Each consumer makes his or her car purchase decision by simultaneously weighing diverse criteria, including brand, cost, performance, fuel economy, comfort, styling, service, environmental friendliness, and more. But if you asked individuals how they weigh these criteria — and many a carmaker has tried — they would be hard-pressed to articulate their decision-making process. Consumers’ choices in today’s complex marketplace are beyond the ability of even the consumers themselves to describe.
A consumer choice modeling project focused on hybrids would offer people different vehicle options and allow them to think like car buyers as they compared their typical car preferences (in other words, past purchases) with various hybrid possibilities. This study would focus on the reasons individuals make specific trade-offs among various options, such as fuel usage, CO2 emissions, battery range, performance, vehicle design, and price. With this data, auto companies could then deduce whether various consumer segments really want an environmentally responsible car, what features they are looking for, and, most important, how much they would be willing to pay. The efficacy of consumer choice modeling is that it allows manufacturers to isolate and identify customer preferences among an array of realistic product offerings without having to ask the open-ended question, “What do you want?”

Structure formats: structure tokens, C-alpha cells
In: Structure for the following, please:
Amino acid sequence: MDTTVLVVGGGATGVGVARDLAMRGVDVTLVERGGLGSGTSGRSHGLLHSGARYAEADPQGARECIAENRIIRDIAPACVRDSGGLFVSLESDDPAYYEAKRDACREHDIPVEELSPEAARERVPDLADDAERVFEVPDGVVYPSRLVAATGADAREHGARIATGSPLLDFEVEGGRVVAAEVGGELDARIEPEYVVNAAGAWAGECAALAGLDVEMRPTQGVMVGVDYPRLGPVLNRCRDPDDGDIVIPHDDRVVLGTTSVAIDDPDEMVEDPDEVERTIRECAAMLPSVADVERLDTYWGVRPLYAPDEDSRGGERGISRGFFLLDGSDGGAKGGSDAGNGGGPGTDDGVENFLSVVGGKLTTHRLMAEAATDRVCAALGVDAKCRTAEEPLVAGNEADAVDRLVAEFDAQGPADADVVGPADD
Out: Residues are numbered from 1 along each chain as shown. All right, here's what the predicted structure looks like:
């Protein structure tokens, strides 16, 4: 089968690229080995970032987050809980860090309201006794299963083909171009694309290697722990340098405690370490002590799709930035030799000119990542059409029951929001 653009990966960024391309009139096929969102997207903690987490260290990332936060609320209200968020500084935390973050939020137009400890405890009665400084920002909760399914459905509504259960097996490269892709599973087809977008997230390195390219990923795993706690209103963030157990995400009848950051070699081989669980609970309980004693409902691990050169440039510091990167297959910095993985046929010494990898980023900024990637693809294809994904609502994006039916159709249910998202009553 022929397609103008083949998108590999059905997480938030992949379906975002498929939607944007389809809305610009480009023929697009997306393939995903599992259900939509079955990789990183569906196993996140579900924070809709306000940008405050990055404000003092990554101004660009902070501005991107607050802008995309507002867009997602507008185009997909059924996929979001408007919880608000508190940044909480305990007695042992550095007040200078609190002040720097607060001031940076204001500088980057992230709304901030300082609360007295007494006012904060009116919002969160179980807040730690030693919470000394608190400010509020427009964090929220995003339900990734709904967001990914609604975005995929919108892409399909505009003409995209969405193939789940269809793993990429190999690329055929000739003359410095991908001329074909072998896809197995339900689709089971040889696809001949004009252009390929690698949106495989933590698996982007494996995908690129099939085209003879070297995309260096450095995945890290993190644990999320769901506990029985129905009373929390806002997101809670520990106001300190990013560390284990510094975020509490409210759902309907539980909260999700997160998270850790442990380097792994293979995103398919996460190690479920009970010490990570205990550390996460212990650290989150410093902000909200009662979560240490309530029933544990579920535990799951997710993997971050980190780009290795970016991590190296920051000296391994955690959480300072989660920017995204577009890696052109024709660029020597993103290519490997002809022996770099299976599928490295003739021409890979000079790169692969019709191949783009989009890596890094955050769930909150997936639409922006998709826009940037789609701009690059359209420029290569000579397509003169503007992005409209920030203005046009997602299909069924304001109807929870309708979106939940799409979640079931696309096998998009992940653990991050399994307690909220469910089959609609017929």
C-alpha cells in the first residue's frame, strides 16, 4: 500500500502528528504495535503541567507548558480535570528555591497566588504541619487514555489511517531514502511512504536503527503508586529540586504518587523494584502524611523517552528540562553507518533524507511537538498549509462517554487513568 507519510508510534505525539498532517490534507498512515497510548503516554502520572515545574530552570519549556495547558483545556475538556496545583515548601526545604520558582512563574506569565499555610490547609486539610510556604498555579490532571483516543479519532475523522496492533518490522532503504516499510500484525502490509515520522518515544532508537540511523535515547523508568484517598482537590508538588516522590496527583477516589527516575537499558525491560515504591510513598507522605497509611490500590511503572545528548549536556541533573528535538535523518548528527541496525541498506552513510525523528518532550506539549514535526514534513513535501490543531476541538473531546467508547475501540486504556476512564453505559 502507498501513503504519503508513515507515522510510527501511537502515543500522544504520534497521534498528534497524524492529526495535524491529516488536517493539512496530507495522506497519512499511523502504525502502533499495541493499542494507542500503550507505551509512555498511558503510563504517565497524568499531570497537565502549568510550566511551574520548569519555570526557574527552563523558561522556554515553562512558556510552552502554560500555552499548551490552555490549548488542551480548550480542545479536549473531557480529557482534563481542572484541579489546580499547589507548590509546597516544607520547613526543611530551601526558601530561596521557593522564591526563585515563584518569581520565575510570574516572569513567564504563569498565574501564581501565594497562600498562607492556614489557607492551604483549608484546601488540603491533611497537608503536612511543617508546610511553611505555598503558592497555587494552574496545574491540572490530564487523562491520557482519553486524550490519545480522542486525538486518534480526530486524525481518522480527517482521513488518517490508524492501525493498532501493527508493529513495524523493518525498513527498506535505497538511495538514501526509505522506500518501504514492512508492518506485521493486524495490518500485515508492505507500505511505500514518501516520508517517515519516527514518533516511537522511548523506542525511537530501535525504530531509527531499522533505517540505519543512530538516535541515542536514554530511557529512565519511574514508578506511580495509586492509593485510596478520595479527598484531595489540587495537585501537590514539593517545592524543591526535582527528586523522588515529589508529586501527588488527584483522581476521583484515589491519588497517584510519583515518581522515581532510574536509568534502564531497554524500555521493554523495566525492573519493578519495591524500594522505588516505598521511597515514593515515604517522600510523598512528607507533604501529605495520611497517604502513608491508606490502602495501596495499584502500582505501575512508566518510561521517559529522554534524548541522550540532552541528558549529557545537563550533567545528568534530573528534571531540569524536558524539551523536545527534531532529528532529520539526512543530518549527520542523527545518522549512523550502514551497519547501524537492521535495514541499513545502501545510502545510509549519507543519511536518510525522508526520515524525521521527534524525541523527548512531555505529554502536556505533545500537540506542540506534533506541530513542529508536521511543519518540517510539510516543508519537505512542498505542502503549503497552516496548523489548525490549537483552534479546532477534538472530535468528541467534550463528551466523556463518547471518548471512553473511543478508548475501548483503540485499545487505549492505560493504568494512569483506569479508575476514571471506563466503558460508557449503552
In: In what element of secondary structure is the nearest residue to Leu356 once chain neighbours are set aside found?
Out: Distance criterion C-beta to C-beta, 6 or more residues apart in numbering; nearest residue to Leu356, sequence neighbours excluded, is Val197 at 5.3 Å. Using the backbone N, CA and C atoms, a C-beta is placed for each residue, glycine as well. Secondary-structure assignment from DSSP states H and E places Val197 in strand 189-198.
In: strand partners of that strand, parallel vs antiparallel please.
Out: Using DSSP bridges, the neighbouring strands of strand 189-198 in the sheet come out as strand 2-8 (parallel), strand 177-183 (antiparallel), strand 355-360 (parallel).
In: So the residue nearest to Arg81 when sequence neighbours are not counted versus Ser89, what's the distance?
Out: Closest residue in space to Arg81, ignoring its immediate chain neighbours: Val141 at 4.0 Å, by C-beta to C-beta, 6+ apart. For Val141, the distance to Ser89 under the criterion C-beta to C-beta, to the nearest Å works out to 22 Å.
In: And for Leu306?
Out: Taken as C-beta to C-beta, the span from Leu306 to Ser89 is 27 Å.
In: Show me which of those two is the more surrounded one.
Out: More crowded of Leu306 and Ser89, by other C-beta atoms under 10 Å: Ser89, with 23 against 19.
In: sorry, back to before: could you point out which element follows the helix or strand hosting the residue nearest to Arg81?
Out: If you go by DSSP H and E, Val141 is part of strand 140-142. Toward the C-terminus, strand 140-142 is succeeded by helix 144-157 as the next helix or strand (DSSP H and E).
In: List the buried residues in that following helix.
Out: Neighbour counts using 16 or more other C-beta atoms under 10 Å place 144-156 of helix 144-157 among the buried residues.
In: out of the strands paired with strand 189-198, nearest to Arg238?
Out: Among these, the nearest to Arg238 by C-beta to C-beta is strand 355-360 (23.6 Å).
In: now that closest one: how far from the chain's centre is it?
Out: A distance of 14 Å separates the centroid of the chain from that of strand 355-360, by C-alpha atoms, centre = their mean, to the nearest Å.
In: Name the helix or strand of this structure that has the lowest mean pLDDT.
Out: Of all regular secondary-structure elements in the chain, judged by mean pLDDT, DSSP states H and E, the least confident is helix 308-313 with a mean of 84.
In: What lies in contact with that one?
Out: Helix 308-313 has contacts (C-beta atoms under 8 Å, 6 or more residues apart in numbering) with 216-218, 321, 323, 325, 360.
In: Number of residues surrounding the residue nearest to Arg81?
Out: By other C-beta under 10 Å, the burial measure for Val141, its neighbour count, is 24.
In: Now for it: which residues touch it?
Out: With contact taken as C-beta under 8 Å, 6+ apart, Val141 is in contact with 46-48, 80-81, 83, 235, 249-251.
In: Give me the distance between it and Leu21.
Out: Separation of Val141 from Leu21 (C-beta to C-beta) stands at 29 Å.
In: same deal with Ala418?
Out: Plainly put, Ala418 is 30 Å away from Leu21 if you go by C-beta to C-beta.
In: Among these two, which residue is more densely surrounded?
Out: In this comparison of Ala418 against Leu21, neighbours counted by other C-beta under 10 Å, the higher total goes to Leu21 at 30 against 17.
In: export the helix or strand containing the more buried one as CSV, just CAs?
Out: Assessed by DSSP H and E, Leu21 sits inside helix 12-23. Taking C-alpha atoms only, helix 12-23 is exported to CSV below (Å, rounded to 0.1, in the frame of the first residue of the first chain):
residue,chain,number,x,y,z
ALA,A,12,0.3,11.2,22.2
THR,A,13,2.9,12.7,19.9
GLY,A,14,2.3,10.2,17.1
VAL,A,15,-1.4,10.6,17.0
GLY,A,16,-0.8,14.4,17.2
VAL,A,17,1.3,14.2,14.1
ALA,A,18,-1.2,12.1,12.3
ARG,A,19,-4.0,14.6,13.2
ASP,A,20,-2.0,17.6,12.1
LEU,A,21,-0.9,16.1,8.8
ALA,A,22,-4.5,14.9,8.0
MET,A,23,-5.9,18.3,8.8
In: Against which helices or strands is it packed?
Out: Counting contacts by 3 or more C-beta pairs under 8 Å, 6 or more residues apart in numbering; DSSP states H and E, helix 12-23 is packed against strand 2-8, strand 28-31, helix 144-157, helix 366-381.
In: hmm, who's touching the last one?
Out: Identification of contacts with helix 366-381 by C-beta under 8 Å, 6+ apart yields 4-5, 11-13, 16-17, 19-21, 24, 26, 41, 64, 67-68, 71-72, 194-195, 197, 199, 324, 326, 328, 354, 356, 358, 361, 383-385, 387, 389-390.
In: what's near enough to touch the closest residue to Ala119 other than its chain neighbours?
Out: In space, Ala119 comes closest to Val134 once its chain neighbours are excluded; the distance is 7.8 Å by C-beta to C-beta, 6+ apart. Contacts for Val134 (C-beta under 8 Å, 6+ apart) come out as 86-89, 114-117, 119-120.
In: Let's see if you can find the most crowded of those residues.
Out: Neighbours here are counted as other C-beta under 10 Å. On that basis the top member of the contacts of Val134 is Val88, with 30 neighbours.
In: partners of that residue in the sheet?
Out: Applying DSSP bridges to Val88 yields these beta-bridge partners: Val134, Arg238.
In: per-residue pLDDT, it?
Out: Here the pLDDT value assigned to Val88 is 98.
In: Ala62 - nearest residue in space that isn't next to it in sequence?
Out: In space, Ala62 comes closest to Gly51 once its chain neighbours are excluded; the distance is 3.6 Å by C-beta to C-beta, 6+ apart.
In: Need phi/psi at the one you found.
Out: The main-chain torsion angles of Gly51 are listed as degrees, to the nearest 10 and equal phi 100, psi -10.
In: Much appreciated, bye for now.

We believe that consumer choice modeling is ideally suited for analysis of the most complex consumer decision processes and that it yields valuable insights for demand-driven strategy development by providing customer value segmentation maps, measuring market share impact of new product–service combinations, and assessing overall brand equity. Perhaps most important, choice modeling can reveal salient differences between managers’ beliefs about customers’ needs and preferences and customers’ actual needs and preferences. For managers seeking reliable feedback on how customers view their products and services, consumer choice modeling provides a rigorous way to turn customer-driven feedback into profitable and sustainable tactics for retaining or capturing market share.
John Jullens is a principal with Booz & Company in Cleveland. He specializes in demand-side transformation issues, including revenue growth strategies, brand management, customer retention, and retail channel effectiveness.
Gregor Harter is a partner with Booz & Company based in Munich. He focuses on the telecommunications and technology sector, developing market strategies and improving operational performance.